DP16627 Mobility Responses to the Establishment of a Residential Tax Haven: Evidence From Switzerland
|Author(s):||Isabel Z. Martínez|
|Publication Date:||October 2021|
|Keyword(s):||local taxes, mobility, Personal income tax, regressive income tax, Tax Competition|
|JEL(s):||H24, H31, H71, H73, R23|
|Programme Areas:||Public Economics|
|Link to this Page:||cepr.org/active/publications/discussion_papers/dp.php?dpno=16627|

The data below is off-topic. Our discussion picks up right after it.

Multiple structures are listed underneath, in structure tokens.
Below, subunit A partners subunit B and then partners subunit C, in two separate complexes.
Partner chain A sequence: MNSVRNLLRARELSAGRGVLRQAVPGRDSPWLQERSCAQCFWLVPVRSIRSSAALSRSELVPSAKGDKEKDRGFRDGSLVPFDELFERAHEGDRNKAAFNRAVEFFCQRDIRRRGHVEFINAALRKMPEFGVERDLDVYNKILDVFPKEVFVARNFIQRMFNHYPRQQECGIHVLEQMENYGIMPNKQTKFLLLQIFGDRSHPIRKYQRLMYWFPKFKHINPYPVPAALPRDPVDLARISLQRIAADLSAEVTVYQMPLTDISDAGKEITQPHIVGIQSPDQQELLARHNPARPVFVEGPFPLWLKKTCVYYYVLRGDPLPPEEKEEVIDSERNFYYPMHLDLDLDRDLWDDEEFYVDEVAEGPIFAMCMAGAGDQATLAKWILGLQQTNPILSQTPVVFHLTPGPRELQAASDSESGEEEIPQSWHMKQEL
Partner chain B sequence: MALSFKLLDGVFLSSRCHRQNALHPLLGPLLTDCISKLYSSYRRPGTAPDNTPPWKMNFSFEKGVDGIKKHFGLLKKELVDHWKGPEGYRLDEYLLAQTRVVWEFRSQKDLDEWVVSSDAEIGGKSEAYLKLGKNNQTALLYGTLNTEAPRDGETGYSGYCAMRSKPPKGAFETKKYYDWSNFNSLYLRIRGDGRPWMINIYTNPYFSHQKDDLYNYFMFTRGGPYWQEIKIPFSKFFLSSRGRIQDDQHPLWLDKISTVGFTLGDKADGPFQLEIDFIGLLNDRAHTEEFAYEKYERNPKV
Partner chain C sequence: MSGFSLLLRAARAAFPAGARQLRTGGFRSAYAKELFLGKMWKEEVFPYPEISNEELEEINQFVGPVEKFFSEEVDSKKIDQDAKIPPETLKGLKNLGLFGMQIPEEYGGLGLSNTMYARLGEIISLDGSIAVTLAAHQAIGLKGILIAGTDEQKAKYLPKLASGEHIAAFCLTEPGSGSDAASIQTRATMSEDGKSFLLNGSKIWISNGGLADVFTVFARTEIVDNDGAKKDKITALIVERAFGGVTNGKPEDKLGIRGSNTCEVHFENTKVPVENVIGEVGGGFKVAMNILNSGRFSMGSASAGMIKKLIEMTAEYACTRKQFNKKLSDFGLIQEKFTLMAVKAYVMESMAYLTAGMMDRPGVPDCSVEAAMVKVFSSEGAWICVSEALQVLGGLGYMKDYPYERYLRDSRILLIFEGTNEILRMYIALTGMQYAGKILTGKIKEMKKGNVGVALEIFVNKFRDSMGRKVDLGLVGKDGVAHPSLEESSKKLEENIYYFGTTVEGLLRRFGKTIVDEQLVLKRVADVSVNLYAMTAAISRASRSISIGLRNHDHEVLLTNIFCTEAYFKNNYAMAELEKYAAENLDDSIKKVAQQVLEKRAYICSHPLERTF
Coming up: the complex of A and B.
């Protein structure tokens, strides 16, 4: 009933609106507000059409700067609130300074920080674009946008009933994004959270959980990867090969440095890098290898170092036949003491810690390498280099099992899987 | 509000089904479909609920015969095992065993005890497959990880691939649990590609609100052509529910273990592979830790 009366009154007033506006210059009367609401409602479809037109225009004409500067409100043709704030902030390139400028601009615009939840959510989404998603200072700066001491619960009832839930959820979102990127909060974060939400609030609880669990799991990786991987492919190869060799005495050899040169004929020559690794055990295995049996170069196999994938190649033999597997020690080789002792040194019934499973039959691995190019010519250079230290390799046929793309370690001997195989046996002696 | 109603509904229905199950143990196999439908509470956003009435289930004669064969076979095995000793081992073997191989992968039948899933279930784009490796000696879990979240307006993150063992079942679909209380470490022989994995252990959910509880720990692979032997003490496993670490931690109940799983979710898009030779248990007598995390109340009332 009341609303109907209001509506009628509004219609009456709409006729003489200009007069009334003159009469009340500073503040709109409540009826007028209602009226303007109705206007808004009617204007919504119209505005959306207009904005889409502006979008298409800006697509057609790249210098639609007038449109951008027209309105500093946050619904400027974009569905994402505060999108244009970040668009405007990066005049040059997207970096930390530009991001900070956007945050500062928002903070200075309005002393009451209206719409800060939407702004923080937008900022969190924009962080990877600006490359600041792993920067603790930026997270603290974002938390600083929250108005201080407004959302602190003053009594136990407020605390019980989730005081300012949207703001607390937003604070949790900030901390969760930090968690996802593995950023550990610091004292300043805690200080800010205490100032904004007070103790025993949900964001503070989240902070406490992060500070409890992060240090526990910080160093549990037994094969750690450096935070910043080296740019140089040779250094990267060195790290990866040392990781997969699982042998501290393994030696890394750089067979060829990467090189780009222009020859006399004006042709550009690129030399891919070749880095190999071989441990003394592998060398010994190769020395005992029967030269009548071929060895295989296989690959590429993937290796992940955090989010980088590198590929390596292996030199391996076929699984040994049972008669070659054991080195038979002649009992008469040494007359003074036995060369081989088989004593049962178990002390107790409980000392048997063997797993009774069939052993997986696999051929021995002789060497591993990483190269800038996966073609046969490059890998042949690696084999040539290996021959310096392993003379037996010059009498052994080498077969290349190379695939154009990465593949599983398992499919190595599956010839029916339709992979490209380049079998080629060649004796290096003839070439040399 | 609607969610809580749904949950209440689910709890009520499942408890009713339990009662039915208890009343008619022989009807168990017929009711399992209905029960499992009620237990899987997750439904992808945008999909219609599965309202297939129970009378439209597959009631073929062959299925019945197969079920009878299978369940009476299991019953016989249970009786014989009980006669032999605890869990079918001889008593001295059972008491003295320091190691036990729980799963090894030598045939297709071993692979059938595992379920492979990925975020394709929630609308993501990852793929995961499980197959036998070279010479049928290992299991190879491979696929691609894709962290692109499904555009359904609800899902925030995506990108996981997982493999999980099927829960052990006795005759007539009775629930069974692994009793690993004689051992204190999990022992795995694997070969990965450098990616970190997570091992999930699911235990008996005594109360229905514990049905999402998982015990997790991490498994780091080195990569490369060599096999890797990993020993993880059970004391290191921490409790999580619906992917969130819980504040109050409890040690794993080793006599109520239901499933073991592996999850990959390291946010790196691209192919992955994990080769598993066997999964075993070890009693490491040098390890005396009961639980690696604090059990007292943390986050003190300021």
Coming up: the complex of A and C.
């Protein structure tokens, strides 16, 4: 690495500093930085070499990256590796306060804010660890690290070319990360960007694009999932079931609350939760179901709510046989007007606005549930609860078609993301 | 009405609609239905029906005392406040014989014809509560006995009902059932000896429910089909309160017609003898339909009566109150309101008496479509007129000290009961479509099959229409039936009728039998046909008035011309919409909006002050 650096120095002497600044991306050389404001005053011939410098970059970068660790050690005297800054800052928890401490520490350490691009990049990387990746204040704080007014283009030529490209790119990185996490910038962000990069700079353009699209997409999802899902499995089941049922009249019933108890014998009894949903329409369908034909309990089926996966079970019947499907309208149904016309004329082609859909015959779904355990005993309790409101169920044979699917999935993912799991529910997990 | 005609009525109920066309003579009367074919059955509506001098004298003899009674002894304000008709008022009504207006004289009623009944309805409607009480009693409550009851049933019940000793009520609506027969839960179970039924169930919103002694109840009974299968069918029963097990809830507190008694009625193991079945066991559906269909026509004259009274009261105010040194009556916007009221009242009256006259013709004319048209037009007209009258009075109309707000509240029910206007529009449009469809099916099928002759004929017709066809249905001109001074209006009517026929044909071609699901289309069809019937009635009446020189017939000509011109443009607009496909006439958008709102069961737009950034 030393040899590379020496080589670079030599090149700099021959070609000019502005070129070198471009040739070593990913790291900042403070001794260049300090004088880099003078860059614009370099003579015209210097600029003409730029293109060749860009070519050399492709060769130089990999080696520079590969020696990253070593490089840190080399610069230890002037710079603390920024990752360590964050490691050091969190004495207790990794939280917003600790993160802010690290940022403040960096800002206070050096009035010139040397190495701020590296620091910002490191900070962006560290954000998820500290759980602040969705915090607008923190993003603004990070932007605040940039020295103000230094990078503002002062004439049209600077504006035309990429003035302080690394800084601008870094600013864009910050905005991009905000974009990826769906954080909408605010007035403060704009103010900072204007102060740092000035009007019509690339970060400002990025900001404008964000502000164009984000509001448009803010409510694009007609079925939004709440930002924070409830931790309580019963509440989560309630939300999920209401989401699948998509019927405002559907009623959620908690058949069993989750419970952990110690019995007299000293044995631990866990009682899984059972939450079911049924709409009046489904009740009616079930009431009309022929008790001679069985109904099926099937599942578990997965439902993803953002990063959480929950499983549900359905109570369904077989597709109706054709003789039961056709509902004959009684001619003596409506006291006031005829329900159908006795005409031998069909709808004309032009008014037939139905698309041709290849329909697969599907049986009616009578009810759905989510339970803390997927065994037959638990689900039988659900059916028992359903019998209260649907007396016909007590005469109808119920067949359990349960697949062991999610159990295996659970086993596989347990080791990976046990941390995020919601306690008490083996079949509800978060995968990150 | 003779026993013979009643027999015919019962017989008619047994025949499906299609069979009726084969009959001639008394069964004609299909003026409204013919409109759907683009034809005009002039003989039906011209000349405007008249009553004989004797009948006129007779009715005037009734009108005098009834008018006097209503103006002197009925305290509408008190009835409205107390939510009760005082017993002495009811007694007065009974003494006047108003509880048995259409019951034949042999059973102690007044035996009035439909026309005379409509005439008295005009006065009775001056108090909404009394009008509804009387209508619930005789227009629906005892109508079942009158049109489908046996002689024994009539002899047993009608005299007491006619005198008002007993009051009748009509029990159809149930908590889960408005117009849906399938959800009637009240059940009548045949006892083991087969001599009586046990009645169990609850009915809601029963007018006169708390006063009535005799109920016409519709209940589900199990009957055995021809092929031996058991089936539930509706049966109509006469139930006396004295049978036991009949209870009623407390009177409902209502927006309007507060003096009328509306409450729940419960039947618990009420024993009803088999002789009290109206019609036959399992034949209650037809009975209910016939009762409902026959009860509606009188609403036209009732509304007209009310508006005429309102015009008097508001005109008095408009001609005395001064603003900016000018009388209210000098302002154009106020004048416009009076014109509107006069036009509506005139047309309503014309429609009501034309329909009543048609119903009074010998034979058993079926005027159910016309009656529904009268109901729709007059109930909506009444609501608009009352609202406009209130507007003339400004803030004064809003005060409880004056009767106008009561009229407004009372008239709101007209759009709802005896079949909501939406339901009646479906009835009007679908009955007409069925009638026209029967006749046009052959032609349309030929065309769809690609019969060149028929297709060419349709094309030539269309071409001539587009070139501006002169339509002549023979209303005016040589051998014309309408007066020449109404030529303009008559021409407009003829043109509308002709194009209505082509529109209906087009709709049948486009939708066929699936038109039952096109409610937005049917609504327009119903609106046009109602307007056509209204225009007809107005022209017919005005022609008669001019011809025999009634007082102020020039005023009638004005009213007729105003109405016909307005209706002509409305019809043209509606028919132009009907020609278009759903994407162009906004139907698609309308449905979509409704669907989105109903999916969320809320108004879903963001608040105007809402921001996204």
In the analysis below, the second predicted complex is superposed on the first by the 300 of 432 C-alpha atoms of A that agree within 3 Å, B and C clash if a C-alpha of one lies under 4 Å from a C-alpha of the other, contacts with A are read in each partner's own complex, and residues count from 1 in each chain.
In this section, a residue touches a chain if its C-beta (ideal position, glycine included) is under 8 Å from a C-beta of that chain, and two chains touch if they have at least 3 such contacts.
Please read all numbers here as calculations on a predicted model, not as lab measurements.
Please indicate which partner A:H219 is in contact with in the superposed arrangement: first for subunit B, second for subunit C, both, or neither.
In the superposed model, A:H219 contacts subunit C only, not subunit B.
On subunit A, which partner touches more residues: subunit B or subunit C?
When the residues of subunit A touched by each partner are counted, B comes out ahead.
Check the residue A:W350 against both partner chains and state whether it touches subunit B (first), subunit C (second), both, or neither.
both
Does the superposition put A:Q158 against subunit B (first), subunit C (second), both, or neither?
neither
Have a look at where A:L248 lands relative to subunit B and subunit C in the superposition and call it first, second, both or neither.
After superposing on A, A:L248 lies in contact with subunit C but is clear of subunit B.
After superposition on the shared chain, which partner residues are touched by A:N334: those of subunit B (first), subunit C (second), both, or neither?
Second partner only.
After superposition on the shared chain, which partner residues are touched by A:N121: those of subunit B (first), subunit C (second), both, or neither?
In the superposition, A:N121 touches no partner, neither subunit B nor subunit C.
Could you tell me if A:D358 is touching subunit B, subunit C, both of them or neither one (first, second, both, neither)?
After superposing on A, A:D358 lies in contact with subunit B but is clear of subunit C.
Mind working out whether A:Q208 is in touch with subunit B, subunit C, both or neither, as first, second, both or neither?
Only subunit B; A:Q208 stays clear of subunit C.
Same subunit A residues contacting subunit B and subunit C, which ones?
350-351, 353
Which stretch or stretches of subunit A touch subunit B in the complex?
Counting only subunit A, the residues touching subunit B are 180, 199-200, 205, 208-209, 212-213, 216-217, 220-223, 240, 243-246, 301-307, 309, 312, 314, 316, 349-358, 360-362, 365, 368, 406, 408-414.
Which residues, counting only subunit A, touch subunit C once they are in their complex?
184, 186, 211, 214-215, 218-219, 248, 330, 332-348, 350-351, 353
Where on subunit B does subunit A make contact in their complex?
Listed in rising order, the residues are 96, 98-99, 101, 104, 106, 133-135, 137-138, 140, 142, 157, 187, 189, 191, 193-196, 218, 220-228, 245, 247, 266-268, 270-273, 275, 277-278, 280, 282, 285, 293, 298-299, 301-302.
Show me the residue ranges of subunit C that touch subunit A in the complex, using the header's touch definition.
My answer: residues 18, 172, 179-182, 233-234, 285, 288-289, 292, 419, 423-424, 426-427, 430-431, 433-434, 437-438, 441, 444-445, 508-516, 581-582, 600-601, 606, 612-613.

I analyze mobility responses to a tax reform that established the Swiss canton of Obwalden as a tax haven in 2006. The reform, which included a regressive income tax schedule, was explicitly aimed at attracting the top 1%. Difference-in-Differences (DiD) estimations comparing Obwalden to all other cantons confirm that the reform successfully attracted rich taxpayers: by 2016, the share of rich in the canton had more than doubled, and average income per taxpayer was 16% higher relative to 2005. Using individual tax return data, I find a large elasticity of the stock of rich taxpayers of 1.5â??2 with respect to the net-of- average-tax rate. The corresponding flow elasticity is 7.2. To address potential endogeneity, I use a DiD approach to instrument the tax rate changes caused by the reform. Despite the large behavioral responses, the reform did not increase revenue per capita in the canton. Finally, I find small positive effects on local employment. However, rich in-movers were not more likely to also work in the canton, and I cannot rule out that employment effects were driven by the simultaneous reduction in corporate income taxes.